Since writing my last instalment, we have commenced our annual jaunt around the UK. I think I mentioned previously that we’ve been doing a yearly tour of the UK every year since 1993, and we’ve built up a very loyal following here ever since. A lot of familiar faces turn out for our shows every night and it’s never failed to make us feel very fortunate and very humble at the same time.
In the early days, we would take any booking we could, no matter how small or remote the venue and we’ve travelled all over the UK due to that taking in many sights and meeting a lot of interesting individuals. On this tour we’ve been doing a lot of Meet & Greets, which is a great way for people to actually meet and talk to us, get something signed and have a photo taken – they also get a nice goody bag with a few exclusive items to take home and a great seat for the show. Some of the people we see in these Meet & Greets are first timers who have heard of us but have never been to a show of ours. This is great as we get the chance to win them over and convert them into our fold. (sounds sinister…Ed) Some however are people who have seen us multiple times. It’s not uncommon for us to meet people who have seen us more than ten times, which is incredible. I was talking the other night in Glasgow to a couple of lads who had seen us many times over the years ever since our Renfrew Ferry shows. The Renfrew Ferry is a music venue in Glasgow which literally is a decommissioned ferry moored on the River Clyde. The shows we did there at the end of the 1990s were often very rowdy to say the least! The weirdest thing though is the feeling that we’d been on a boat all day – which of course we had! Some of us suffered a little with that weird feeling the next day that everything was still moving – and we’d more than likely be at another venue doing another show. For this year's Glasgow show we were at the brand spanking new Hydra Arena, a modern ‘spaceship’ of a building, made of pre-cast concrete, steel and glass, and only open since November. It’s an impressive sight to play to 5000 Glaswegians, and was definitely a show to remember for lots of reasons. To say it’s not perhaps the best designed venue acoustically would be an understatement, but we, and our hard working audio crew managed to tame it and the show was a great success.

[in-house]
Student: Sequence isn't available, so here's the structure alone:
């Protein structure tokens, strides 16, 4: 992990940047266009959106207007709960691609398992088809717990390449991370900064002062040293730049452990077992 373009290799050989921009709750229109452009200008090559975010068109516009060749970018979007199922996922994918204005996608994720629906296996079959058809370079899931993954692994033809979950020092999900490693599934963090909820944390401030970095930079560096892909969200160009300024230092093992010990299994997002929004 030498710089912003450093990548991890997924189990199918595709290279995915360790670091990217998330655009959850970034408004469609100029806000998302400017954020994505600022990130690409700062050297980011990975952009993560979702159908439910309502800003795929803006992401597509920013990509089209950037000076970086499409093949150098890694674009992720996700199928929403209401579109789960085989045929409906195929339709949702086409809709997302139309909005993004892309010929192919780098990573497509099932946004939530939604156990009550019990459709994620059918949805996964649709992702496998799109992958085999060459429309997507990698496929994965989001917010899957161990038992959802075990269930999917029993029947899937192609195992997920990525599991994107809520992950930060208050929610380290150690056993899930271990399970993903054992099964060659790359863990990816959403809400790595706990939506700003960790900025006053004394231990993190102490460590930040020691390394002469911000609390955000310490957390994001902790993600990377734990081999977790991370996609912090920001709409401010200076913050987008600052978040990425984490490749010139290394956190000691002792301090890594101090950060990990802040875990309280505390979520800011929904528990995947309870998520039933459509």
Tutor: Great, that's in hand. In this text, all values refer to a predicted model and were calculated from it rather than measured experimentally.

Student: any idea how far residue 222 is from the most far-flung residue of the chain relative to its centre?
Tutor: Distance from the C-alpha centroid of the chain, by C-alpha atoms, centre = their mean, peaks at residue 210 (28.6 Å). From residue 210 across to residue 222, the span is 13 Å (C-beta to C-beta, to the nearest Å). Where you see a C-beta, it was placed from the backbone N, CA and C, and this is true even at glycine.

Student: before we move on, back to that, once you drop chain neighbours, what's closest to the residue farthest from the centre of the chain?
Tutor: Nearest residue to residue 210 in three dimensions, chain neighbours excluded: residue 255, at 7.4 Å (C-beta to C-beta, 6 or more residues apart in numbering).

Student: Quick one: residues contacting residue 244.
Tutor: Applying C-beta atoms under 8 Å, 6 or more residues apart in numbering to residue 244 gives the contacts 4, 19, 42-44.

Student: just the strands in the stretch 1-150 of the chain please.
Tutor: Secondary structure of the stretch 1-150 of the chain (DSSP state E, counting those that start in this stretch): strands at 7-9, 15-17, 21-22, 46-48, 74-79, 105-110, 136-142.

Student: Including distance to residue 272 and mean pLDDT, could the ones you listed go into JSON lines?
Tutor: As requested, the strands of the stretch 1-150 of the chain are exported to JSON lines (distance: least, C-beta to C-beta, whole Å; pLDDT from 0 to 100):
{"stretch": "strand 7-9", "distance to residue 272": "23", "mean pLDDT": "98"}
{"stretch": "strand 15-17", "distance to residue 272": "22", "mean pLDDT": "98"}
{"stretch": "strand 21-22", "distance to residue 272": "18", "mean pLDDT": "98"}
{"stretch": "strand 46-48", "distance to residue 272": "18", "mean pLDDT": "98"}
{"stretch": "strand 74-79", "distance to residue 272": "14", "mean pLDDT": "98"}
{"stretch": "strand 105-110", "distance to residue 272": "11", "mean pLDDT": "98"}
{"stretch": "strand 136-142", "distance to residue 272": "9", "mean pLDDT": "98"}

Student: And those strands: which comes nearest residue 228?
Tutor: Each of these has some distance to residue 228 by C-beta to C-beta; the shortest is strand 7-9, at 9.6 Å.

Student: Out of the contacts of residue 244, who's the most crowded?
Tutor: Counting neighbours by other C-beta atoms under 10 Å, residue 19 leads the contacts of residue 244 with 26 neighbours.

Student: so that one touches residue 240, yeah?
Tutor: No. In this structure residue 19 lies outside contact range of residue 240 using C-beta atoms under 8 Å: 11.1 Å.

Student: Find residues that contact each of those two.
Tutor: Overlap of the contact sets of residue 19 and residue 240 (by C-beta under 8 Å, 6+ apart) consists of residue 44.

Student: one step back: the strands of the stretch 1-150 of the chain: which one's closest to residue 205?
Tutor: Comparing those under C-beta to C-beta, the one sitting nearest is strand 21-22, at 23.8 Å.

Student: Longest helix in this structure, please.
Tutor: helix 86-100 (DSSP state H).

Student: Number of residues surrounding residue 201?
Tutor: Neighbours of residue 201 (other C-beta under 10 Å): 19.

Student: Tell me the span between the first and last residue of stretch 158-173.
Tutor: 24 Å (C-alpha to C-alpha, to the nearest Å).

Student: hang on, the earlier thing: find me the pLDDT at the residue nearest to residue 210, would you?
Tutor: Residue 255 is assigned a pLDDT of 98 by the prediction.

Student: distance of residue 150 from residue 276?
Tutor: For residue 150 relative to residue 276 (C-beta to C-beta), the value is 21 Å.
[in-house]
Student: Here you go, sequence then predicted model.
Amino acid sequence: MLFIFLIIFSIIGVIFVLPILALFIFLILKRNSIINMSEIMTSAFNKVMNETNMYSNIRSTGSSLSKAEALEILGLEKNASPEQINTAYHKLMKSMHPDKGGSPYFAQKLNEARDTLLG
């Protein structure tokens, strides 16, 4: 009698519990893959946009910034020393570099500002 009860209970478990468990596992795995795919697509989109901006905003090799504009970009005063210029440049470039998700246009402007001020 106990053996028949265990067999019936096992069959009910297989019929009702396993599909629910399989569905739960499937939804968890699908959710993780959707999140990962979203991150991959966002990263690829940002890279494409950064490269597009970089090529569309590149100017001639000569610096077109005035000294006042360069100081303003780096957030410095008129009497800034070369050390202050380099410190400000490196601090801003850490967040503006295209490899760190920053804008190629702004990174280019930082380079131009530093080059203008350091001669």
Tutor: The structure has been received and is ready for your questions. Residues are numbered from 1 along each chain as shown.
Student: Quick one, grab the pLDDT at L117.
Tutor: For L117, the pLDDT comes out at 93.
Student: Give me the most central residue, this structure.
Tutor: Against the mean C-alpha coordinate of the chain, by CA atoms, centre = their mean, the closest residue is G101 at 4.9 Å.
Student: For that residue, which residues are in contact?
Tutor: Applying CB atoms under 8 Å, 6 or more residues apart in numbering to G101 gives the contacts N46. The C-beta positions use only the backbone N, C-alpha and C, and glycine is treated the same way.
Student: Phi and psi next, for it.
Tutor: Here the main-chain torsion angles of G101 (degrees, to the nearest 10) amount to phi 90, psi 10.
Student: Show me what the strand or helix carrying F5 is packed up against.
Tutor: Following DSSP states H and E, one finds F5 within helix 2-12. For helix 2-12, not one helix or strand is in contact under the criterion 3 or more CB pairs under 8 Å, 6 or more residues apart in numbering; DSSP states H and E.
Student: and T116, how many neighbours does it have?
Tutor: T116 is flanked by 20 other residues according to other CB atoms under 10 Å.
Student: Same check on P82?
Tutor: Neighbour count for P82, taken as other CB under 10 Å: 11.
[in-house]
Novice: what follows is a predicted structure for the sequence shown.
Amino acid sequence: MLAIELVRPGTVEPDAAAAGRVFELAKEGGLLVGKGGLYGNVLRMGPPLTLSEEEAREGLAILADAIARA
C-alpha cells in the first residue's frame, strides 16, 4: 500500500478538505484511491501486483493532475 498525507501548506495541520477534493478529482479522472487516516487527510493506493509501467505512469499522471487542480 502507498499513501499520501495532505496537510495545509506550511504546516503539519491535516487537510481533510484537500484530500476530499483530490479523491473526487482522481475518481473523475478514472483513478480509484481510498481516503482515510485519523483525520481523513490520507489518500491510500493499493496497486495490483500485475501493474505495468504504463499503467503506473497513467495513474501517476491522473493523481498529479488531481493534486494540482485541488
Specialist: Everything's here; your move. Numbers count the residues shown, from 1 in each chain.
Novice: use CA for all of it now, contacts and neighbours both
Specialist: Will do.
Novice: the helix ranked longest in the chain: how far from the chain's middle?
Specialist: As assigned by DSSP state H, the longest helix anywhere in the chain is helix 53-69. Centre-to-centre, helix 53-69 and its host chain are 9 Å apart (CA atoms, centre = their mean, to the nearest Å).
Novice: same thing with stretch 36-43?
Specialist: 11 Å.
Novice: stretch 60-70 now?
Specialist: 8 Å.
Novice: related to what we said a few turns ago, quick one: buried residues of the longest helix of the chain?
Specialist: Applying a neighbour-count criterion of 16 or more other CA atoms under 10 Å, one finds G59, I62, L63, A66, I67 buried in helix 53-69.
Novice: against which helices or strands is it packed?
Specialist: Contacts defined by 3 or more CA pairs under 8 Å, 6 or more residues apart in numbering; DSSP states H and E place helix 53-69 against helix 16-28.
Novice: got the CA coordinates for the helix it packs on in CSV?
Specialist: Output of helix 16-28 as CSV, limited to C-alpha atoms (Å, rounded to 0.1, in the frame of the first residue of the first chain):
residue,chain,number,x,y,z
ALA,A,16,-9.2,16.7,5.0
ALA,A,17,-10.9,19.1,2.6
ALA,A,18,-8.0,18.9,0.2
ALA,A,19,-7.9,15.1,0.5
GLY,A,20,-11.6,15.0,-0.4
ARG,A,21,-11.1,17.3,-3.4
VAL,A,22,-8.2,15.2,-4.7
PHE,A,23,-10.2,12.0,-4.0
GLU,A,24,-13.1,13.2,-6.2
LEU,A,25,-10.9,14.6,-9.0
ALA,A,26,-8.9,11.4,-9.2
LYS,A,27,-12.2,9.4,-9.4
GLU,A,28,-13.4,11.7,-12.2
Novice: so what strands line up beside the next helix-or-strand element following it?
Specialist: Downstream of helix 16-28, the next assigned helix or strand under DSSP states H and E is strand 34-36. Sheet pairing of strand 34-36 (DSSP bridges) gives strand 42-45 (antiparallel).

The Hydro, Glasgow – boarded and departing for Alpha Centauri
By contrast, last night's show in Edinburgh was at the famous Usher Hall - somewhere we’ve played before and enjoyed. The contrast is that the Usher Hall was built in 1914, not 2013, and is typical of a nineteenth century theatre in its design and grandeur (even though it was built in the early twentieth century) – it’s the ‘spaceship’ venue of its day if you like. So which venue do we prefer?, I hear you ask….well, as we bring all of our own production with us in three trucks, it doesn’t vary from night to night for the band as much as you might think. Modern sound systems and on stage monitoring mean that we, the band, have it pretty easy to be honest. The crew on the other hand have a tough time of it when the venues are small or if they are old. These kinds of venues were definitely not designed with this kind of large show in mind, so the working conditions can often be quite a challenge. Spare a thought for our hard working crew next time you see us in a small or old theatre – you won’t notice anything, but behind the stage there will be a massive amount of boxes, cabling and technology shoe horned into every nook and cranny.
Tram passing Edinburgh’s Usher Hall soon after its opening
The Usher Hall from behind stage right – before doors open and after some shoe-horning!
It’s all smoke and mirrors, as they say.